Police officers in New York went undercover to pose as Black Lives Matter activists and gained access to text messages between organizers as protests against police brutality escalated in 2014 and 15, according to a trove of documents obtained by the Guardian.

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The documents, including emails and screenshots of text message exchanges, were obtained by the newspaper after the NYPD was ordered to release them in a court case brought by a protester in New York.

Text messages included details of protests and names of organizers, while the emails between undercover officers and other NYPD officers included photos and detailed reports of organizers’ movements before, during, and after demonstrations sparked by the death of Eric Garner, an unarmed black man in Staten Island, and the killing of unarmed black men in Ferguson and Baltimore.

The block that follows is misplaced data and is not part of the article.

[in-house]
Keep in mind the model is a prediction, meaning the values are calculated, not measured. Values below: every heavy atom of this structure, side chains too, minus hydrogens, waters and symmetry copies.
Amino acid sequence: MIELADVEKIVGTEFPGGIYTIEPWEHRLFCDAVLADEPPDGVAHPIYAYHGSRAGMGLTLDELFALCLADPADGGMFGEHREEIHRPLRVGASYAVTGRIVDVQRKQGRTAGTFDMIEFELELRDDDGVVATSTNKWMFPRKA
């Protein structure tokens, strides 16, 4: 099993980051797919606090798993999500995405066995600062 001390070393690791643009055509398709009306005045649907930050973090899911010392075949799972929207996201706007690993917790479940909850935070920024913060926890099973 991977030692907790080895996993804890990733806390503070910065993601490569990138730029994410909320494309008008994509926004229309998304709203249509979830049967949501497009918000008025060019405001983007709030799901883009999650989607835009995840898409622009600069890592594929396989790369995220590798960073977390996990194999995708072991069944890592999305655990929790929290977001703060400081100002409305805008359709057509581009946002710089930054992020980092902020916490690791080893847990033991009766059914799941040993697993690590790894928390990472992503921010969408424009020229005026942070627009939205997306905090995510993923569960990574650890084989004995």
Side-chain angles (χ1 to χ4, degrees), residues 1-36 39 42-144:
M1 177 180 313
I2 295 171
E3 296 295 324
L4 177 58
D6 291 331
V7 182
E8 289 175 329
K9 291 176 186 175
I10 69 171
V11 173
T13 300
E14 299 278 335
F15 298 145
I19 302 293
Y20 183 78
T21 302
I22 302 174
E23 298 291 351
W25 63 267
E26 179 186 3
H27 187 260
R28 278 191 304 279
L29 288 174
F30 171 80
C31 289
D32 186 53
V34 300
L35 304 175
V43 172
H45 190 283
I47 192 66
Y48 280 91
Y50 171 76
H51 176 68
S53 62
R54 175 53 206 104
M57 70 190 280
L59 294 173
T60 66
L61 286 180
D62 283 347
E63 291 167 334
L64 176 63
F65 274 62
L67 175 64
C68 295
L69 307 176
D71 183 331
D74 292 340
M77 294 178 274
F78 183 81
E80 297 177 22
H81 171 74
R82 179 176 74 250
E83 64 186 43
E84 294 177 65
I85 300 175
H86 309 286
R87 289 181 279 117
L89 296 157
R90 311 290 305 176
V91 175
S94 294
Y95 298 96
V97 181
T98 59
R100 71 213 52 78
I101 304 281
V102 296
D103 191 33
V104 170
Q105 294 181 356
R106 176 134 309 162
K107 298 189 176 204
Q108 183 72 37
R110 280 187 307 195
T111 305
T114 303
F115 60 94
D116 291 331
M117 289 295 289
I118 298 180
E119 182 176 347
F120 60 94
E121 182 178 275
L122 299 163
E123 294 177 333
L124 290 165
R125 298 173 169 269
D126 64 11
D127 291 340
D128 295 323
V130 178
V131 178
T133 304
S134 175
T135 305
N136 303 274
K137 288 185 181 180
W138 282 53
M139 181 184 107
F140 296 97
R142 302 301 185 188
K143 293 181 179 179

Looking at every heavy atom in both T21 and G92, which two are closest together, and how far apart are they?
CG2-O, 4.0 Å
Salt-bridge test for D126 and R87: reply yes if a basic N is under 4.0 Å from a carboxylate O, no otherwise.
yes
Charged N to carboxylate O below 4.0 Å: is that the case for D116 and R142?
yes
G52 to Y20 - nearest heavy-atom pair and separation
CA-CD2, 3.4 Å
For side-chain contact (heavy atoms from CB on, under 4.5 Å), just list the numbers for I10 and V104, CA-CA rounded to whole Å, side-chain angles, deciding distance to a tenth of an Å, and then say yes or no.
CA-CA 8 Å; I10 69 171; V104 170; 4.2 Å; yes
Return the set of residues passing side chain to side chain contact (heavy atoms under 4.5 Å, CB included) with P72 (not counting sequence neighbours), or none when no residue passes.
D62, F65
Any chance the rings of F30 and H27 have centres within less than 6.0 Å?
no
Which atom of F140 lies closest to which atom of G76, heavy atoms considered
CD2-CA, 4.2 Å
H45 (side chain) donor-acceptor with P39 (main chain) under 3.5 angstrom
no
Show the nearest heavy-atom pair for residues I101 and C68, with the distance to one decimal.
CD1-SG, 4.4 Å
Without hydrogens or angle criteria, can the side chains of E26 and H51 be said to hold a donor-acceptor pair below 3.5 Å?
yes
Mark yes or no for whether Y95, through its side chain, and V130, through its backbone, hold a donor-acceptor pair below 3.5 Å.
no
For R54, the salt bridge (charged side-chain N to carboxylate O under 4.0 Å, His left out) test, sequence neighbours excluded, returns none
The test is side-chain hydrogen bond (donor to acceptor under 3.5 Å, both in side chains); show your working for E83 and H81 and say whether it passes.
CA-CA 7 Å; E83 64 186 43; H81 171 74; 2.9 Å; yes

“That text loop was definitely just for organizers, I don’t know how that got out,” Elsa Waithe, a protest organizer with Black Lives Matter, told the paper. “Someone had to have told someone how to get on it, probably trusting someone they had seen a few times in good faith. We clearly compromised ourselves.”

The NYPD requires officers abide by a set of guidelines when they surveil protesters, regulations known as the Handschu Guidelines after the plaintiff in a 1970s case that resulted in their development. They require that the police can assert that “facts or circumstances reasonably indicate that unlawful act has been, is being, or will be committed” to justify surveillance. The Guardian reports that none of the documents released this week contain such evidence.

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These revelations are especially concerning given moves from state legislatures around the country to restrict protesters. President Donald Trump has on multiple occasions criticized protesters and questioned the legitimacy of their right to demonstrate.

The NYPD did not immediately respond to a request for comment. We’ll update if we hear back.